It was pointed out to me recently that much of the advice I dole out is of the “big picture” variety. I rarely get into the specifics of how to stoke the fires of motivation, how I’ve managed to keep my head in the game while I’ve made my way along the perpetual grind that is a weight-loss journey.
What follows is just a random group of tips and tricks that I’ve found to be helpful. They may be impractical or ill-suited for your personal use, but maybe there’s something here that could help you tweak your current plan or better find your own place in your own way. I apologize in advance for the low-entertainment value, but I’m trying to build up some good karma points to apply to my next weigh-in…
- Pack a bag. I don’t know if mornings at your house are as hectic as mornings at my house, but I’ve found that packing a gym bag the night before increases the likelihood that I’ll actually make it to the gym by roughly 10,000%.
- Downsize the wardrobe. Occasionally wear pants that are borderline too-tight in the waist. That constant pressure all day will help keep your mission on the front burner. If that’s unworkable, keep a stack of too-tight pants in your closet and try them on once a week. The scale’s one way to keep track, but finally zipping up some pants that you couldn’t wear earlier is the kind of victory that can propel your progress (and motivation) in a big way.
- Don’t hide the number. I follow quite a few blogs where the writer doesn’t seem to want anyone to know their weight. Putting those numbers front and center keeps me motivated to do well each and every day. I absolutely hate posting gains and am annoyed at the very idea of busting up good streaks of losing weeks. Don’t be ashamed of a number. It’s going down anyway…
- Try something crazy. Nothing else working to keep you on track? Write a check for $100 to whatever organization you despise the most; stick it in a stamped envelope and give it to a friend to mail if you don’t reach your short-term goal. Now that’s motivating!
- Get the whole family involved. It’s hard to stay sharp if you feel like you’re rowing the boat all by yourself. Even if they’re not overweight, your family will benefit from eating healthier and being more active.
- Don’t let setbacks set you back. You had an idiot moment and had drive-thru fast food for lunch (did you have to eat it in the parking lot?). It’s nothing to be proud of, but it’s also no reason to let it wreck your entire week. Put it behind you. Better yet, use it as the impetus to get in an extra-effort workout. The pendulum swings both ways, you know.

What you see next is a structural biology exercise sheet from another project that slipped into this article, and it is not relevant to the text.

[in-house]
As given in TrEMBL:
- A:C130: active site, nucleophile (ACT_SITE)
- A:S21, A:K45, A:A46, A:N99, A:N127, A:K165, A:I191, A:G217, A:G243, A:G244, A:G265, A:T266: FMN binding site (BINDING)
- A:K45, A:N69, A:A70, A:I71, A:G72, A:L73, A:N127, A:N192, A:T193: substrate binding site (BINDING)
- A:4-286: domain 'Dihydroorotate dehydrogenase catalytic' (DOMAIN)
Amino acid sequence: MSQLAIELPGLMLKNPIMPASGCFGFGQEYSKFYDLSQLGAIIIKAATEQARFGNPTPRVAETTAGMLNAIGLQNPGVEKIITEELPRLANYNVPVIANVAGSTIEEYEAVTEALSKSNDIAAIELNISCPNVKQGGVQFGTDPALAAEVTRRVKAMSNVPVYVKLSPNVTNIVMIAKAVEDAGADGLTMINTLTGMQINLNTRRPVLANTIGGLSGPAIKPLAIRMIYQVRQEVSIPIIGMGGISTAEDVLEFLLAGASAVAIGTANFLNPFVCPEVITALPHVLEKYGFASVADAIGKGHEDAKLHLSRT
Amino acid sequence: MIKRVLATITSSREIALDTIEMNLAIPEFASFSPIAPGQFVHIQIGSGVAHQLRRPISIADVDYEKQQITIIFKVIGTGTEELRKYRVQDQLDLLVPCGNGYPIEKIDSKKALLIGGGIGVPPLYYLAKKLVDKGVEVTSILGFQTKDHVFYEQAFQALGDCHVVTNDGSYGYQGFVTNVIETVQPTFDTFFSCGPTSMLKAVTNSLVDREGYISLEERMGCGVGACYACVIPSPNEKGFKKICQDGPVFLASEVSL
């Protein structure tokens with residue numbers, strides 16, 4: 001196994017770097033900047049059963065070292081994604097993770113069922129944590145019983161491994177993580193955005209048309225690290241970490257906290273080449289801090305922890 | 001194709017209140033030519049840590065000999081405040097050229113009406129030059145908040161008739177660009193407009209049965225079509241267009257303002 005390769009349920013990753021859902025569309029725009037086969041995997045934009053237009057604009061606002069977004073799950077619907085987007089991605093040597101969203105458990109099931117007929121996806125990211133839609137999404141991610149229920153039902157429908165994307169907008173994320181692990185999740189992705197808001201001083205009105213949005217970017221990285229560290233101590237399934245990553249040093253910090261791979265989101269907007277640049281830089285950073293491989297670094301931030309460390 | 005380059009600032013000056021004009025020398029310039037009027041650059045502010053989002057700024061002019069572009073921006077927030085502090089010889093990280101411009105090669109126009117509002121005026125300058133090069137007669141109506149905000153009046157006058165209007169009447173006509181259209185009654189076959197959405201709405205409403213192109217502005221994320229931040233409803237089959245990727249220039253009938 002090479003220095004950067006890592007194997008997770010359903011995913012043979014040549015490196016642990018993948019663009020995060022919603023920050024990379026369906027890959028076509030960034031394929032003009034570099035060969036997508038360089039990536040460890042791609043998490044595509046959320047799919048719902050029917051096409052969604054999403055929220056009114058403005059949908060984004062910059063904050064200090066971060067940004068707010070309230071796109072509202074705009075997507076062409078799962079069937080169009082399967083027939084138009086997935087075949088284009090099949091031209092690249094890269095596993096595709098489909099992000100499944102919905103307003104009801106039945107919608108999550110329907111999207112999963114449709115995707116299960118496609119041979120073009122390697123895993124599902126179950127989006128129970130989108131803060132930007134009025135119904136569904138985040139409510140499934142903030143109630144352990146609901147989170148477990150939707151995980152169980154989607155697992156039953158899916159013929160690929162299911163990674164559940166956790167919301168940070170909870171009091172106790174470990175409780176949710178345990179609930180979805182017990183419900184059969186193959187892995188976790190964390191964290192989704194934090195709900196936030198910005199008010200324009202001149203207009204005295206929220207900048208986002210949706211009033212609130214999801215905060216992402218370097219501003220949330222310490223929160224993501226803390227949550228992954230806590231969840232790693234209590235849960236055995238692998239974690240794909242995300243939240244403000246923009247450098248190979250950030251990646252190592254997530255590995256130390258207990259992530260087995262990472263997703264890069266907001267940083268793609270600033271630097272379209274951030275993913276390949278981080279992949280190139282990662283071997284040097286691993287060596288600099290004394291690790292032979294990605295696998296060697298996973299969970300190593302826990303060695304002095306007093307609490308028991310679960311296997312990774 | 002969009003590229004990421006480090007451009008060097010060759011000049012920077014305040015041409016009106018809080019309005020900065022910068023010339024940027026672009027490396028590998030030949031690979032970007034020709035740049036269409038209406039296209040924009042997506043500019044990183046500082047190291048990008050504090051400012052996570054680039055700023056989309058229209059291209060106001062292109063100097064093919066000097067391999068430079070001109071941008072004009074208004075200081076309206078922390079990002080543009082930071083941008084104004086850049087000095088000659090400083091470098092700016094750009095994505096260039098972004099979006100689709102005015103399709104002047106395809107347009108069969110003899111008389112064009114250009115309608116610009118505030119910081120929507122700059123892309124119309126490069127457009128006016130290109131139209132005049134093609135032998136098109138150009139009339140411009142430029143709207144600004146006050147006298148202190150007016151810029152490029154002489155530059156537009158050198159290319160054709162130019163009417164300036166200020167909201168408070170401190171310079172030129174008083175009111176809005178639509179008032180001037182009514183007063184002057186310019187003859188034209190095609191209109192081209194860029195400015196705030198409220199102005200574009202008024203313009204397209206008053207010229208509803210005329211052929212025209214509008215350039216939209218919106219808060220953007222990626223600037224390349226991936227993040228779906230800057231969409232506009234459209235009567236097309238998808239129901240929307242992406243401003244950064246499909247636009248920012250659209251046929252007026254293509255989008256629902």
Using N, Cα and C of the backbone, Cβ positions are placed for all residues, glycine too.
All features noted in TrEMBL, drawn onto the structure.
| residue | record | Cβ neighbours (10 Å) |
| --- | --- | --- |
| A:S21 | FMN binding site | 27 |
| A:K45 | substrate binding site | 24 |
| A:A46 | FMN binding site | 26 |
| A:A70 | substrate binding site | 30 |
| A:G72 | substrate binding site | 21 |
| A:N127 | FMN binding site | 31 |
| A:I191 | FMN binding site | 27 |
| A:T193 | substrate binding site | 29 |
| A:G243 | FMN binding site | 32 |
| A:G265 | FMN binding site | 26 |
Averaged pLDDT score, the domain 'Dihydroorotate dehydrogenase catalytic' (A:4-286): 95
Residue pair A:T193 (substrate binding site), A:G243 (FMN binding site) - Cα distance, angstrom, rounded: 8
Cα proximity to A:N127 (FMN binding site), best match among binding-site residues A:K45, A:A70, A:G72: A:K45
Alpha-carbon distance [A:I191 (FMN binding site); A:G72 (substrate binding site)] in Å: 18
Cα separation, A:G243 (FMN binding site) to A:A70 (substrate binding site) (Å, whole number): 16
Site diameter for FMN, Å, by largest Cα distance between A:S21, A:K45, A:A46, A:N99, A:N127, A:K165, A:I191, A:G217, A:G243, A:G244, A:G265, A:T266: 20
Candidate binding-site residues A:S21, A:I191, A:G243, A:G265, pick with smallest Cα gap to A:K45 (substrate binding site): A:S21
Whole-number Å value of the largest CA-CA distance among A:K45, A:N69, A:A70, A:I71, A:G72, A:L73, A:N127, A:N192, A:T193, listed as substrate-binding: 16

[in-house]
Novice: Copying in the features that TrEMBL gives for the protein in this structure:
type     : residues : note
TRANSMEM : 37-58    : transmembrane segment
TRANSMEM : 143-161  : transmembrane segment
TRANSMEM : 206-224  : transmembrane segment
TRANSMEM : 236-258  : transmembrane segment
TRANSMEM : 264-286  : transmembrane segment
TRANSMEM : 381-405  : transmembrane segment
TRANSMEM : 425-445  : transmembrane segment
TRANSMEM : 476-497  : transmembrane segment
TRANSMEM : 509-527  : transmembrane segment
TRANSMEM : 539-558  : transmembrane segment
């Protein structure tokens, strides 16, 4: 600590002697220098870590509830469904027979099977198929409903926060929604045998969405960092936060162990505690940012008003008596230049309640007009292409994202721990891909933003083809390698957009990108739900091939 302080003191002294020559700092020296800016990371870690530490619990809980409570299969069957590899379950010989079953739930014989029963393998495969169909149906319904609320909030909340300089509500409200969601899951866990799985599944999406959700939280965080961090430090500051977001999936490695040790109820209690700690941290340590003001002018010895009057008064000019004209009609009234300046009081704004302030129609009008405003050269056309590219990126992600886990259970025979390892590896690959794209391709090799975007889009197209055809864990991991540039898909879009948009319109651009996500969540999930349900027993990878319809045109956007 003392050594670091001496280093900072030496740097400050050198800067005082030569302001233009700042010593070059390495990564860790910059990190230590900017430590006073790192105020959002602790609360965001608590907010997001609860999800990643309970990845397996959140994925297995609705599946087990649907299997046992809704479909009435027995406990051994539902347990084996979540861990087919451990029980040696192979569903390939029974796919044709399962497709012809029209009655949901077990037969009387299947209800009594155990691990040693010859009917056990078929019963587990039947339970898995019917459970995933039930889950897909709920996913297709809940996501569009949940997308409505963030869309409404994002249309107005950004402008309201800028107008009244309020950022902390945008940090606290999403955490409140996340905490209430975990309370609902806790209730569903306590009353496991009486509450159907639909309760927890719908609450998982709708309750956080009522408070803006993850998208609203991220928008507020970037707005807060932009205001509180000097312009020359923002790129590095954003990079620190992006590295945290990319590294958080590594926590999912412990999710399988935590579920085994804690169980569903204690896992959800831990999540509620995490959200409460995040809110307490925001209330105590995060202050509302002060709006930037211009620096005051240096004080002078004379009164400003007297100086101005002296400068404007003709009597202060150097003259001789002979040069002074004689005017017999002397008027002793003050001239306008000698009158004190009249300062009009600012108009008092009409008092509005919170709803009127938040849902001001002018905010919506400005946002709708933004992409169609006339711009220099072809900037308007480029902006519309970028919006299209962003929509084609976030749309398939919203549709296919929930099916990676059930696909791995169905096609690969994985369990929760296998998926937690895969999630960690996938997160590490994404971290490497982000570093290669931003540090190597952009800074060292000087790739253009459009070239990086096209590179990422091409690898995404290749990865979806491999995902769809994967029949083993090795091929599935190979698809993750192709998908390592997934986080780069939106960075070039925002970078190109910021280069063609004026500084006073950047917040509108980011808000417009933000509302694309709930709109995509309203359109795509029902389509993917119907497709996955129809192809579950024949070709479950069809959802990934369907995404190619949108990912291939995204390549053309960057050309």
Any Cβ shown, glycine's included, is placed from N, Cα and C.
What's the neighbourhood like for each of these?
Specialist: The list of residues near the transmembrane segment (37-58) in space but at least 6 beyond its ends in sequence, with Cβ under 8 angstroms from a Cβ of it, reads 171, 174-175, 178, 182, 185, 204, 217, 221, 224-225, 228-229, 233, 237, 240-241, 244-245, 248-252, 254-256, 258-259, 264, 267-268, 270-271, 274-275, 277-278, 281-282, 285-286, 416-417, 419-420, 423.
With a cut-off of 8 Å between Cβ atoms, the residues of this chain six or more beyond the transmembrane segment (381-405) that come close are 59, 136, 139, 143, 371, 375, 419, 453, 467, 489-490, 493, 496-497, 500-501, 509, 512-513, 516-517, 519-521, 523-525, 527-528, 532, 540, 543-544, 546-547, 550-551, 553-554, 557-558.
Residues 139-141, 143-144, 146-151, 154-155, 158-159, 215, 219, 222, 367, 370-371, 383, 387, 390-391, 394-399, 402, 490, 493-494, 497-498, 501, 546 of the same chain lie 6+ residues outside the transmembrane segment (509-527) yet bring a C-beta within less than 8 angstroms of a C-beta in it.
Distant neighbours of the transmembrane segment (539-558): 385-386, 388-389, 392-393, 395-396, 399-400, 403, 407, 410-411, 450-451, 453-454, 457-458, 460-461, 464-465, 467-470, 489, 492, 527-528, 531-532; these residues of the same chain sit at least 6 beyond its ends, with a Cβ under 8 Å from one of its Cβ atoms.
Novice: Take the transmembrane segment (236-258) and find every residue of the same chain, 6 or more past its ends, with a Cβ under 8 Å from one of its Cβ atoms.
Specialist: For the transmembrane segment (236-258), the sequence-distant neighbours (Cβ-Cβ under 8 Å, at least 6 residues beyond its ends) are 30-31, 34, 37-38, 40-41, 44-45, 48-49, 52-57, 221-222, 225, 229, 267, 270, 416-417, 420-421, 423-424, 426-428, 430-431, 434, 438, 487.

- Exercise your “no thank you” muscle. I was in a staff meeting this week where a couple of boxes of fresh donuts were being passed around. I took a donut, just to be like everyone else. But I watched as the boxes went around the room. Several people said “no thanks” and guess what? It wasn’t a big deal. I had one bite of the pastry, and folded the rest up in my napkin. Again, nobody cared. I think we believe we’re calling unwanted attention to ourselves when we say “no thanks,” but the truth of the matter is that nobody’s really paying attention. Whether or not we have a donut just isn’t all that important.
- TV or not TV. I’ve made one rule about TV for myself. If you’re going to watch something with commercials, DVR it first. The Biggest Loser takes about 20 minutes to watch when you FF past the product placement segments, cliffhanger endings and commercials. All that extra time can be better spent exercising, laundry, blogging, working… basically doing anything else…
- Get a handle on weekends. Easier said than done, but I think this is one of the biggest problem areas people have. The first step to getting past it is the realization that it’s something that’s going to take extra planning and more of a commitment to your program. Weekends take us out of our routine and put us in more social situations where saying “no” seems to be denying ourselves our well-earned fun. I’m not saying shut yourself in during the weekends, but success means that you’ve got to make some tough choices if you want to get through the weekend unscathed.
- Find what drives you. Is it the worst photo you ever took? The best one? A picture of your children? A high school reunion that’s scheduled for next summer? That favorite pair of jeans that’s languishing in your closet? Whatever it is, keep it out where you can see it. Let it help you keep that fire inside burning hot.
- S-l-o-o-o-o-w down. The eating, that is. You’ll be amazed at how much more food it will seem as though you’re eating if you actually let the fork hit the table every once in a while. Even if you eat the same amount that you would have wolfed down, you’ll feel fuller and more satisfied.
- Understand that it’s all interconnected. When I blow off a workout, it affects my mood, my sleep, even my appetite. I’ve come to realize that this trek’s about more than just managing my diet, more than just making sure I exercise X times a week. Those things are important components, but managing it all… stress, family, work, sleep… is the key to dropping the pounds.
Most of this is the common sense stuff you already know, but just the act of writing it all down has helped me realize where I’ve started dropping the ball in some areas. It’s difficult to keep the focus on all the time, but it’s sure hard to make any serious headway when you’re flailing around without a real sense of purpose.
Good luck on keeping your game face on and here’s hoping you (and I) have a kick-ass weigh-in this week.